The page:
Throughout the 19th and 20th century many artists turned to the modern city and its late night entertainment for their subjects, including the circus. They made innovate use of colour, perspective and movement to convey its vibrant atmosphere.
‘The Circus’ is the third panel in a series by Seurat, whose style evolved from impressionism. It is seen as one of the most successful applications of his theory of divisionism – placing small strokes of contrasting colour side by side so that when seen from a distance they blend to create the effect of luminosity. This can be seen most clearly upon close examination of the stage floor, which is made up of a combination of red, yellow and blue dots. Only the three primary colours and white are used, but flat colour is nowhere to be found. This technique conveys the vibrancy of the circus.
The canvas is divided into two spaces – the stage and the audience. As well as being divided spatially, it is divided by motion. Whilst the audience’s space is geometric and rigid, movement is injected onto the stage space in the foreground using the strong dynamic curves of the circus ring, acrobat’s bodies and ringmaster’s whip. Seurat depicts the circus as a vortex of energy.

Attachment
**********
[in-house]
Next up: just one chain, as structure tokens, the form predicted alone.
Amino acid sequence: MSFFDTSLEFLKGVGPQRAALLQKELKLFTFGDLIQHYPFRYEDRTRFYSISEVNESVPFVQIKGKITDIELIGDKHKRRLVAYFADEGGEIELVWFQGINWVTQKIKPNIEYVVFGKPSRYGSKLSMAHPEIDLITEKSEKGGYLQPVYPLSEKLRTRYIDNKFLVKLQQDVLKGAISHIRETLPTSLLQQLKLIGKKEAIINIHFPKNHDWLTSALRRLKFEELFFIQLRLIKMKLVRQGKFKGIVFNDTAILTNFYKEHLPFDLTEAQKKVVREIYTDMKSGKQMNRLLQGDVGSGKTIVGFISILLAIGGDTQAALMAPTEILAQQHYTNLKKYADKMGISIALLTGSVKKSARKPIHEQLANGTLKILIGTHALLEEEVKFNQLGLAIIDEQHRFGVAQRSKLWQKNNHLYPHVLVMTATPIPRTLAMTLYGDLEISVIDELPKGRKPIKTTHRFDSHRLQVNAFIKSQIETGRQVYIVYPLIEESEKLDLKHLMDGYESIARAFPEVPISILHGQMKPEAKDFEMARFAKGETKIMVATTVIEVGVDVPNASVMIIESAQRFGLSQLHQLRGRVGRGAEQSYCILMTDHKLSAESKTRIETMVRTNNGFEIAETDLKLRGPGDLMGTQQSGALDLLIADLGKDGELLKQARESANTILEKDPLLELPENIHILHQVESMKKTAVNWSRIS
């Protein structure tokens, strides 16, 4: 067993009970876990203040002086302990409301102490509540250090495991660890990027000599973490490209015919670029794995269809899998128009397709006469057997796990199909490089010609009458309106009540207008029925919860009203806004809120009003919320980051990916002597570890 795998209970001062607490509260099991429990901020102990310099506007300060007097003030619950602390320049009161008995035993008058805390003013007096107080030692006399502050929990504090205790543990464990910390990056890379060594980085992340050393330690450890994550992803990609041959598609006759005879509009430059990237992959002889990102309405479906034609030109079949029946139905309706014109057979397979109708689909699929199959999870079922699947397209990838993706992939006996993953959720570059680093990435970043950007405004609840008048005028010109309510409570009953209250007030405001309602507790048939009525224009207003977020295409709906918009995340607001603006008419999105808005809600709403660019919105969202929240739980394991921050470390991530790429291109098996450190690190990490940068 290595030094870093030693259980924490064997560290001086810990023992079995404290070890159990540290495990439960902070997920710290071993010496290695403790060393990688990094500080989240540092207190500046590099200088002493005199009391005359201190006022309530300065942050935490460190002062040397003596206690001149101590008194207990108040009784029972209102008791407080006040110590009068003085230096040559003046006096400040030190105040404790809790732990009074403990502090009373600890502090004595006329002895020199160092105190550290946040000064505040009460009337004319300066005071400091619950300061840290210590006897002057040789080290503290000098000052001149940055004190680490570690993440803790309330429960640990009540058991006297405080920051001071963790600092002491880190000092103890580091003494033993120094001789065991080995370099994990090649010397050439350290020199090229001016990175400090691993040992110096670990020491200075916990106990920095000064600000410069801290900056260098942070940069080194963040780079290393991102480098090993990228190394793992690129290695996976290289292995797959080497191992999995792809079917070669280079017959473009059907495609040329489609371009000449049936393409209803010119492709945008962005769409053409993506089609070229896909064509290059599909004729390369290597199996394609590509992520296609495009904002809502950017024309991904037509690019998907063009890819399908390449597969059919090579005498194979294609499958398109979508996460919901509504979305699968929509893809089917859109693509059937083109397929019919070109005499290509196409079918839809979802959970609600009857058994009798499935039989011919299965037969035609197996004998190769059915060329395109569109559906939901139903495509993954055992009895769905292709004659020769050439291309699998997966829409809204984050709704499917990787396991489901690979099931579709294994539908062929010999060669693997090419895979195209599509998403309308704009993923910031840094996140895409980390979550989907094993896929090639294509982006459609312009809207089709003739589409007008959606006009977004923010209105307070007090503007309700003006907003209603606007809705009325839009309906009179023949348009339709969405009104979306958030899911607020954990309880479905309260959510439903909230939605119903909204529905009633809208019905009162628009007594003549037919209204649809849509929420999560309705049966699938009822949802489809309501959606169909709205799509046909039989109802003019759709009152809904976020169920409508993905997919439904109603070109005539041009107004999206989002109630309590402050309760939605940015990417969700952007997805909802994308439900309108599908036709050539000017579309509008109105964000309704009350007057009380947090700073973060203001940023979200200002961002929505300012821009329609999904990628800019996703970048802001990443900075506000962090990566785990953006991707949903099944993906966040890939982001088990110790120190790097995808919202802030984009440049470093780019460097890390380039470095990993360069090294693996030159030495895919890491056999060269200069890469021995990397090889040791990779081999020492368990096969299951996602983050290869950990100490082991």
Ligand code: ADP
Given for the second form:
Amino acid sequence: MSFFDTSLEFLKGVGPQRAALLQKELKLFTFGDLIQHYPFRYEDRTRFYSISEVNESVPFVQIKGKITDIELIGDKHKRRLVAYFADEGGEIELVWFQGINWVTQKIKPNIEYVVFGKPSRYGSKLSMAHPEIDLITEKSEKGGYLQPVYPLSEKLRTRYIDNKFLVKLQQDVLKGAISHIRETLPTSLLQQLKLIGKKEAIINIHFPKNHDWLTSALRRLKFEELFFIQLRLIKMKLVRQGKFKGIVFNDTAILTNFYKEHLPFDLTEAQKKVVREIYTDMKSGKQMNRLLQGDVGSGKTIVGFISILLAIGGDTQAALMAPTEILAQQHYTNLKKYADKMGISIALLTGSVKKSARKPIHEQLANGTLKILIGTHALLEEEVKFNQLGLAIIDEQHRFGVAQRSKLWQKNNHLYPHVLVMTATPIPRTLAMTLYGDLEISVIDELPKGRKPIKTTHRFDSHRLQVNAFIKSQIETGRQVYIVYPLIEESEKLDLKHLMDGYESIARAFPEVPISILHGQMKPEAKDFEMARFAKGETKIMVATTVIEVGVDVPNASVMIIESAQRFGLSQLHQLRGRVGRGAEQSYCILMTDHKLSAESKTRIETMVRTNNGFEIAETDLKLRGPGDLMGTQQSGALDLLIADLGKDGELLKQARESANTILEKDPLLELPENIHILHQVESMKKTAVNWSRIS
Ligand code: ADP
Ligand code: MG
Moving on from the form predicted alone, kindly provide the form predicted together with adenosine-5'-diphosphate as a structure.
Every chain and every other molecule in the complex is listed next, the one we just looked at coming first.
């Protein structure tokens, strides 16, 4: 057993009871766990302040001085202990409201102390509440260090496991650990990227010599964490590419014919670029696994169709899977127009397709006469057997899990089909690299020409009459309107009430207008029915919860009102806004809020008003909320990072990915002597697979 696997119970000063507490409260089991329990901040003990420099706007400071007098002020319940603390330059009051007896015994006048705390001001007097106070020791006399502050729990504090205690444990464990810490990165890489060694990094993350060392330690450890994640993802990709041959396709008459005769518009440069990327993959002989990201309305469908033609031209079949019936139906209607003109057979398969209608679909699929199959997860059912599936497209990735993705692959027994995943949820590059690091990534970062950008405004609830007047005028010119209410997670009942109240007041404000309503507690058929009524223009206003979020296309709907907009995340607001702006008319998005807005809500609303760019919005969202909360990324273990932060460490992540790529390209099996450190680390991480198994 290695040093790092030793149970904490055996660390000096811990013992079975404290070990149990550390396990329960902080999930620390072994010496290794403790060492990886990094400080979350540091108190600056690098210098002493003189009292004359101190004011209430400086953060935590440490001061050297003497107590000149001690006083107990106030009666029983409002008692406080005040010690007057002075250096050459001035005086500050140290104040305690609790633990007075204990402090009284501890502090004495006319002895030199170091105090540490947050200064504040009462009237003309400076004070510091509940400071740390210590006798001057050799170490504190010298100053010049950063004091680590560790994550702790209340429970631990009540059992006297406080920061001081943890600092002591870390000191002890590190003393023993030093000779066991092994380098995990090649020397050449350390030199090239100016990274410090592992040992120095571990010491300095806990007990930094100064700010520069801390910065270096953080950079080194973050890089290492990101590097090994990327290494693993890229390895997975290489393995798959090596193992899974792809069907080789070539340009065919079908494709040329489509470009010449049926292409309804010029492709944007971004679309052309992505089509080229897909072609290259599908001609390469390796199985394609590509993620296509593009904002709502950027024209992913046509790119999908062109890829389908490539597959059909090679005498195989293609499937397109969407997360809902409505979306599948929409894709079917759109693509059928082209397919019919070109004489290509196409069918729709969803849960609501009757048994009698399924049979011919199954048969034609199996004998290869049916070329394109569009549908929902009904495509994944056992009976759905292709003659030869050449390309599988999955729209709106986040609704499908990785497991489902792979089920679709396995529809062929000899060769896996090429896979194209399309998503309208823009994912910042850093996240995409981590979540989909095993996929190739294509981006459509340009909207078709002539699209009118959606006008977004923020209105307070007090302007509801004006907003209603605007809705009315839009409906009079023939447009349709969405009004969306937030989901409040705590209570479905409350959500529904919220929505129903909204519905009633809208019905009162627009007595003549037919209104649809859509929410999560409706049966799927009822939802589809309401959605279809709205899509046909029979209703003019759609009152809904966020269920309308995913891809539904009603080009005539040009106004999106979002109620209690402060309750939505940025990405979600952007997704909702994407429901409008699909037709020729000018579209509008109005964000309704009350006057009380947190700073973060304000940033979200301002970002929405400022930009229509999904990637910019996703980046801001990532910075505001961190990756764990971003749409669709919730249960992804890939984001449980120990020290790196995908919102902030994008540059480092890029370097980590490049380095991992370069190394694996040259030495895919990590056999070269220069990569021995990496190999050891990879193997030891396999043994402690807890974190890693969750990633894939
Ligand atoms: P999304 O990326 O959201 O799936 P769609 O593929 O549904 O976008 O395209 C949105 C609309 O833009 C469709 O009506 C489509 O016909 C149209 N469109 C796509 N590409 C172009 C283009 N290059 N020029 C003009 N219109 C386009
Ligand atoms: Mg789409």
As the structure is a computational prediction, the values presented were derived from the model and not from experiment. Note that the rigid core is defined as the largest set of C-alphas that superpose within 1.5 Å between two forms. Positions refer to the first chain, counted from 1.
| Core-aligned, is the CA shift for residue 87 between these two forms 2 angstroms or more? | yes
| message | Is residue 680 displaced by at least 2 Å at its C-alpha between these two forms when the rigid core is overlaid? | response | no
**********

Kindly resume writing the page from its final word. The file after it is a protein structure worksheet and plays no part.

German expressionist painter Kirchner saw Berlin as a city of excitement and glamour, but with an undercurrent of artificiality and chaos. He painted urban life and the everyday world, with a particular interest in human naturKirchner was drawn to the circus for its constant action. He wrote in his manifesto “I believe that all human visual experiences are born from movement.” He often sketched the action from life whilst seated in the audience, later working up the surface texture to inject movement into the canvas. He uses pictorial devices to capture the full sensory experience of an observer at the circus. His revolutionary use of colour conveys the vivid costumes of the performers, whilst the compressed composition and angled perspective forces everything into one plane of space, recreating the claustrophobic sense of being enclosed in a circus bursting with noise and energy. The circus would bring together an audience from diverse classes and backgrounds, providing a wide range of human subjects to sketch. Kirchner’s unnatural colour and perspective come together to communicate the heightened artificiality of the urban spectacle.
The circus was an influence on Chagall throughout his life, beginning with a fascination with the travelling acrobats he saw at village fairs as a child in Russia. When he lived in Paris he would regularly visit the circus to sketch from the audience like Kirchner. This explains the similar dramatic perspective in ‘The Circus’ which situates the viewer as a member of the audience looking down on the performers. He was captivated by the chaotic and colourful atmosphere. The circus performers in their extravagant costumes and garish makeup fitted perfectly into his dream like compositions. He said, ‘For me a circus is a magic show that appears and disappears like a world.'The primary attraction of the circus for these artists was the microcosm of life it contained, from the comic to the tragic as well as the broad range of social classes it brought together.